Priti Patel’s Statement On Asylum Reform

Illustration: Steve Bell / Guardian

Migrants’ Rights Network (MRN) is deeply concerned about the Home Office’s proposed condemnation and treatment of so-called ‘illegal’ migrants. This undermines the UK’s international legal obligations – including under the European Convention of Human Rights (Art.3) – to non-refoulement, to provide safe legal routes into a country, the right to freedom of movement and to claim asylum. 

While the number of people being forced to take unsafe routes to the UK by boat has recently increased, the overall number of asylum claims in the UK has been falling. Ms. Pagliuchi-Lor, UNHCR representative to the UK, calculates that asylum claim numbers fell by 37% in the second quarter of 2020 compared to that of 2019 (Footnote 1). In the year until June 2020, the UK received over 92,600 fewer applications than Germany, over 55,000 fewer than France and Spain and over 25,000 fewer than Greece. 

This is not a new crisis; there’s no need to make policy decisions on the basis of panic.

An overhaul of the asylum system is absolutely necessary but for it to be effective and humane, we need to focus on compassionate policies. Moving asylum seekers offshore, for example, will not affect the UK’s legal responsibility to people in need. We do not want to turn the clock back on the progress we’ve made.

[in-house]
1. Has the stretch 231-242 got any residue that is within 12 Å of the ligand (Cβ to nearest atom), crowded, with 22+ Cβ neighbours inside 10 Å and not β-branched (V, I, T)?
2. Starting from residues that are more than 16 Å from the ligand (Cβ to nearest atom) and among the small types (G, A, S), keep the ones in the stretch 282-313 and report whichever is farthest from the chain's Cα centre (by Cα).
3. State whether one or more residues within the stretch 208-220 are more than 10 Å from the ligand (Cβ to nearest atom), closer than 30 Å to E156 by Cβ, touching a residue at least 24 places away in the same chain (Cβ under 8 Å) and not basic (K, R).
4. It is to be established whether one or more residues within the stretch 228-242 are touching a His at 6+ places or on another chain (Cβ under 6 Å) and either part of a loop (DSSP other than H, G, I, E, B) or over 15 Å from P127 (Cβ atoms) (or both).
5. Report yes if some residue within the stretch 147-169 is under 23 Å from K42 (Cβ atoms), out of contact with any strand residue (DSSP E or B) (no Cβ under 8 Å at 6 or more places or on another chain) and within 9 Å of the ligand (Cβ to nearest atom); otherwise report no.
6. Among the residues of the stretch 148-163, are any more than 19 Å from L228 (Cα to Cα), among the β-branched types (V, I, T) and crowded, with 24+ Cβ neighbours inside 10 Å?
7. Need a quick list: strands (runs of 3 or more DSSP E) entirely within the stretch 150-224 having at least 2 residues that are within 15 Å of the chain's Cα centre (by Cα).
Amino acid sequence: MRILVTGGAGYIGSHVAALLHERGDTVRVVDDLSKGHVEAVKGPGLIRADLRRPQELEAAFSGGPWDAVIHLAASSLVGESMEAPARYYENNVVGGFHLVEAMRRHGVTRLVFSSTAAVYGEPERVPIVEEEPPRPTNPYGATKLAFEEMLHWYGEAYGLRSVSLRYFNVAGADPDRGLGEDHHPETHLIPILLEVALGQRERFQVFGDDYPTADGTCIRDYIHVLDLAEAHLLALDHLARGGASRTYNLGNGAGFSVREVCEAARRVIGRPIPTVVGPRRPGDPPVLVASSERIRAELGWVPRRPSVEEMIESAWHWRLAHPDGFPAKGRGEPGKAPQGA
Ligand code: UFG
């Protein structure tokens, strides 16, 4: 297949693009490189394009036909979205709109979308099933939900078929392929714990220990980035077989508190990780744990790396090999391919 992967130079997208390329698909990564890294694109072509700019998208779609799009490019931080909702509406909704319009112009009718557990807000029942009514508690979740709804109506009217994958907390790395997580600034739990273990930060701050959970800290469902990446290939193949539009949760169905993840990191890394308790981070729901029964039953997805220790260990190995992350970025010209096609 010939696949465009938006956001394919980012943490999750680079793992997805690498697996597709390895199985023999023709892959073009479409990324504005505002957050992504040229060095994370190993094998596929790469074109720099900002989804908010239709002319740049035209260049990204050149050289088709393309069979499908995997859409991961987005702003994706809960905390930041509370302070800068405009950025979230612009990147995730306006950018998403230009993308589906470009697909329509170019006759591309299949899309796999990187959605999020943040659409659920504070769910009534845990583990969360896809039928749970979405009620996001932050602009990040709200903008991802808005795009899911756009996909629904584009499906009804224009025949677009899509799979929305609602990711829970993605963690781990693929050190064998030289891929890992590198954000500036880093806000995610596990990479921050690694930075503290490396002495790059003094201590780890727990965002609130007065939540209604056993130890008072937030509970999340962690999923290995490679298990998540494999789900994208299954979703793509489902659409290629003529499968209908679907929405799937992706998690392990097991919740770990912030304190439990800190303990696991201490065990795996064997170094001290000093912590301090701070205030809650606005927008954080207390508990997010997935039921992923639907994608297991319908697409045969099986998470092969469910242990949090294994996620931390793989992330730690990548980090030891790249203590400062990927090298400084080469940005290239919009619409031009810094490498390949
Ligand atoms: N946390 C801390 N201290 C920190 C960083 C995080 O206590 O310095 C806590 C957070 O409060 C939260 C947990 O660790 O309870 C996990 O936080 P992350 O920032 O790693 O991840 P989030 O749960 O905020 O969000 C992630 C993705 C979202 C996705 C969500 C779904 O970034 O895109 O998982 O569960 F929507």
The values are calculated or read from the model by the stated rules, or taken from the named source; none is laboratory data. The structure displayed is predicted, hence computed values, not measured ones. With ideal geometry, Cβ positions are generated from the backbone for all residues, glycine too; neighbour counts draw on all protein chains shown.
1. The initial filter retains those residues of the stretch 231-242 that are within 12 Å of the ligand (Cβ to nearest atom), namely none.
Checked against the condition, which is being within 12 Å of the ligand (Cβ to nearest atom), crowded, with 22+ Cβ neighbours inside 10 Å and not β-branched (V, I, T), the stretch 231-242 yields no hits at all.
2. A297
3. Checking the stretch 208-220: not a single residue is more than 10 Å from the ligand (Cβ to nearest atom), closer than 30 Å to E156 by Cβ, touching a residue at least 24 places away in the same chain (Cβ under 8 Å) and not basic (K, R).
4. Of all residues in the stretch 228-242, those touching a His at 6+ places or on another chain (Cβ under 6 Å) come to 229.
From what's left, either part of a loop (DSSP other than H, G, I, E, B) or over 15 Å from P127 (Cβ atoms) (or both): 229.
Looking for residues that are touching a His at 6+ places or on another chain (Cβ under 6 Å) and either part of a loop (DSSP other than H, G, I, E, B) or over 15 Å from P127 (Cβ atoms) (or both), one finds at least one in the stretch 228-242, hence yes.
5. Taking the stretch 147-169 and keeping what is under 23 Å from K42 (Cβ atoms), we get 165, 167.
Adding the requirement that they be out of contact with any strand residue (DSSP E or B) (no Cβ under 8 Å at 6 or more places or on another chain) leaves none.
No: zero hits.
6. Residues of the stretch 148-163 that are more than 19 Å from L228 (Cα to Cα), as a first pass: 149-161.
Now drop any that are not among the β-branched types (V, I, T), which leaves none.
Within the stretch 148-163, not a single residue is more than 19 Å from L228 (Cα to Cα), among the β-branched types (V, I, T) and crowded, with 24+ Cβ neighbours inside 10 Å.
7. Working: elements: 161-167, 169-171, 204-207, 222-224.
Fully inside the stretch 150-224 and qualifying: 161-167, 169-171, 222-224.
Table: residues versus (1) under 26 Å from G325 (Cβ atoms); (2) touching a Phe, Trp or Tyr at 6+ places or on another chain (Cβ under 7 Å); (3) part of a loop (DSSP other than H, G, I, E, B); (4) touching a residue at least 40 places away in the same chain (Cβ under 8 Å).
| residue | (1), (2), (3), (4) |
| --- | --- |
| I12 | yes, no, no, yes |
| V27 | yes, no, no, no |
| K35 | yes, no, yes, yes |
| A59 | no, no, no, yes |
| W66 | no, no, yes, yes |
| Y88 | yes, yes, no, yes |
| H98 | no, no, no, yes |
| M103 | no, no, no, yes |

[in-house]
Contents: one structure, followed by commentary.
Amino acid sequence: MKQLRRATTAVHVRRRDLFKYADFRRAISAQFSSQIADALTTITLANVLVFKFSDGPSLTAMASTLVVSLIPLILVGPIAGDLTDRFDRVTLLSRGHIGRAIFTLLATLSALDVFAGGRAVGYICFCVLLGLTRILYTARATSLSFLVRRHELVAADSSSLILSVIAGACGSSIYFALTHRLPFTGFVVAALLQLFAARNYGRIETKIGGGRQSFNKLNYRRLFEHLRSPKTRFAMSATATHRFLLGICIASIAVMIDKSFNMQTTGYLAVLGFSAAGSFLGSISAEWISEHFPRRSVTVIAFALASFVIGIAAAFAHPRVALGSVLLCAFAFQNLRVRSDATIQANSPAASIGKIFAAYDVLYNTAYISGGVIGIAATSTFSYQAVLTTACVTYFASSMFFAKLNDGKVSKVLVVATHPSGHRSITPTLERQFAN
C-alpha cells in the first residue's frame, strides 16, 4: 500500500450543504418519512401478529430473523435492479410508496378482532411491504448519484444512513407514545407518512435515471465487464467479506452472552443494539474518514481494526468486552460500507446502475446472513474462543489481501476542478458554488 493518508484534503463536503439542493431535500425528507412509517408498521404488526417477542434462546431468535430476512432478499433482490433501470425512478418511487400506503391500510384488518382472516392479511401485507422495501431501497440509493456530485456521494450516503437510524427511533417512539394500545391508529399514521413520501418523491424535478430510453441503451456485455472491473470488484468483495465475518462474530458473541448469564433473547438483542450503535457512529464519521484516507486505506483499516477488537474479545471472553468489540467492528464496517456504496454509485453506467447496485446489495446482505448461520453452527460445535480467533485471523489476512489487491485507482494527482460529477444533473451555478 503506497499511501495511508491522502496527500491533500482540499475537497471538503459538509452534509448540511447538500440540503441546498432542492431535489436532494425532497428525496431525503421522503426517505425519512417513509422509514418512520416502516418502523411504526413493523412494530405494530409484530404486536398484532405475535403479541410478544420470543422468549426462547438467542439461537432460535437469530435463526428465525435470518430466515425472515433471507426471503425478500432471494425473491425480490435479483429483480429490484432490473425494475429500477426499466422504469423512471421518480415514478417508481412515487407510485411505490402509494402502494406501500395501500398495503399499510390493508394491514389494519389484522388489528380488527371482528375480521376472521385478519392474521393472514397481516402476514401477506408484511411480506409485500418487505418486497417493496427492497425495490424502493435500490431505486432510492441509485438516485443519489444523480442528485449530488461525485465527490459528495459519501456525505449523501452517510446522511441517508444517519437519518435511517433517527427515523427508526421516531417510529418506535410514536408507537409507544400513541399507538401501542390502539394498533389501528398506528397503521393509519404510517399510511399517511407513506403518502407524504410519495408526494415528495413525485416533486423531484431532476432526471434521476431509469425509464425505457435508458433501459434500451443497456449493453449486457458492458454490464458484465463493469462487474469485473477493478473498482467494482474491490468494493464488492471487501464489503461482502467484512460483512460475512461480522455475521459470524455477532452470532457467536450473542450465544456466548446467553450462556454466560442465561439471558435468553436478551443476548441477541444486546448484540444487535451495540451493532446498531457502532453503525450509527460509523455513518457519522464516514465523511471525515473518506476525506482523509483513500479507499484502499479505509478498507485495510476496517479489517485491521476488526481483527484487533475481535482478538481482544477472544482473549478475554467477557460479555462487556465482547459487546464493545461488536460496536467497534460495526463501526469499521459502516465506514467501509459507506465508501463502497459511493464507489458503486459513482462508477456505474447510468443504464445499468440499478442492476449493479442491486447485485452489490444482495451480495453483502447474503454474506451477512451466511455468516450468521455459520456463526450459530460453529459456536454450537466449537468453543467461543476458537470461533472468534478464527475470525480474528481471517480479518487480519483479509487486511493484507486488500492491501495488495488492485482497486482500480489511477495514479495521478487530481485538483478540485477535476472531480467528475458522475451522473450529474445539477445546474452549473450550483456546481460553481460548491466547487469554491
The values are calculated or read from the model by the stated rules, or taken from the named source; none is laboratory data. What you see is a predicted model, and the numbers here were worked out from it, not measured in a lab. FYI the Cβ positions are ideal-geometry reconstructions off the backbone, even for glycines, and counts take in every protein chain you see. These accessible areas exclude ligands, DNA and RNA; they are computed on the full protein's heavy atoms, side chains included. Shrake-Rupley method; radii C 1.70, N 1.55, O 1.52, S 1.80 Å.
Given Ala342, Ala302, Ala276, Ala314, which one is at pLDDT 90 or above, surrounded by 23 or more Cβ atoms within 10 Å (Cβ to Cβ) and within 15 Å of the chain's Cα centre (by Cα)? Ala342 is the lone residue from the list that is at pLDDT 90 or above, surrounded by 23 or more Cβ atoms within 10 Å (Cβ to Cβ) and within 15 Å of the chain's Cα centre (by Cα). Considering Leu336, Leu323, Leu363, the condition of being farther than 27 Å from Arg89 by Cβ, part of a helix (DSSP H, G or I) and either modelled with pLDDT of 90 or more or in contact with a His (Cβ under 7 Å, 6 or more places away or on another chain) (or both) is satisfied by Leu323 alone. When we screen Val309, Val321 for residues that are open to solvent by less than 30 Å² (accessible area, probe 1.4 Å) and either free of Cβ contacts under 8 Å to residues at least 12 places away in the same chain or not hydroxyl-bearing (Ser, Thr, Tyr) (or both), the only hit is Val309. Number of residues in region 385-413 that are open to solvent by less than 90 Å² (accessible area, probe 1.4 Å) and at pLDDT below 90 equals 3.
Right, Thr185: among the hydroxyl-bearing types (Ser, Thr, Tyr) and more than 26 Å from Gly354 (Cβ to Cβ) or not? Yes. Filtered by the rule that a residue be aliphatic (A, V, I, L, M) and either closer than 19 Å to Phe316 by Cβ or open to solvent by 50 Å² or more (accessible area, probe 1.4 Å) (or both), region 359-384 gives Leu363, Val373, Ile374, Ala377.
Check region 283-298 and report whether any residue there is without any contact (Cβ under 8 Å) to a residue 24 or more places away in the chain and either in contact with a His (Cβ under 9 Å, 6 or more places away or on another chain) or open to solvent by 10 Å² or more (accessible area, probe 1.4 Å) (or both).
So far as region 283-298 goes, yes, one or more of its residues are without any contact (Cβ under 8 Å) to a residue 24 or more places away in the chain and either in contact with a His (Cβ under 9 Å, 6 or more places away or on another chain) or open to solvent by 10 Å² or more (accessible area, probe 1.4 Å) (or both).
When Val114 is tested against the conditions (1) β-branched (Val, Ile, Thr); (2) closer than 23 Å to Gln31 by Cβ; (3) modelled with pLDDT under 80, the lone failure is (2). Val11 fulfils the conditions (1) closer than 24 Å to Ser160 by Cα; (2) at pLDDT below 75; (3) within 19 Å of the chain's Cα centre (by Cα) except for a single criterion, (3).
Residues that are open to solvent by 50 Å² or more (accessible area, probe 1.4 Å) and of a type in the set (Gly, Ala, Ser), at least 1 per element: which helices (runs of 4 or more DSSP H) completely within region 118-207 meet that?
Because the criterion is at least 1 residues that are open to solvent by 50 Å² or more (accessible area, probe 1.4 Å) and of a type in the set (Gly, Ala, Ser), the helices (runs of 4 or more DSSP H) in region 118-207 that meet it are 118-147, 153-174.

The Home Secretary herself was part of the Home Affairs Select Committee inquiry in November 2019 that found that: “A policy that focuses exclusively on closing borders will drive migrants to take more dangerous routes, and push them into the hands of criminal groups.” It will not comprehensively make sea routes “unviable,” as the Home Secretary is hoping.

Deterring dangerous journeys will only be achieved when, amongst other actions, we strengthen legal pathways like refugee resettlement and family reunion which allow refugees to come to the UK in safety and obtain the support needed for their inclusion in our communities. 

Working with the UK’s European partners to provide safe, legal routes is crucial for preventing people seeking asylum being left with no option but to take unsafe migration routes by sea. Criminalising and denying vulnerable and exploited individuals seeking asylum in the UK on the basis of the route they have in some cases been forced to take goes against the “fair” nature of the “fair borders bill” proposed. 

Through the community sponsorship programme and other schemes, Britons have demonstrated their compassion and eagerness to make space for refugees/migrants in their local area. The latest policies proposed by the Home Secretary simultaneously ignores the many that recognise the importance of diverse and widely skilled communities and undermines the international legal obligations that the UK is bound to uphold.

Footnote 1:

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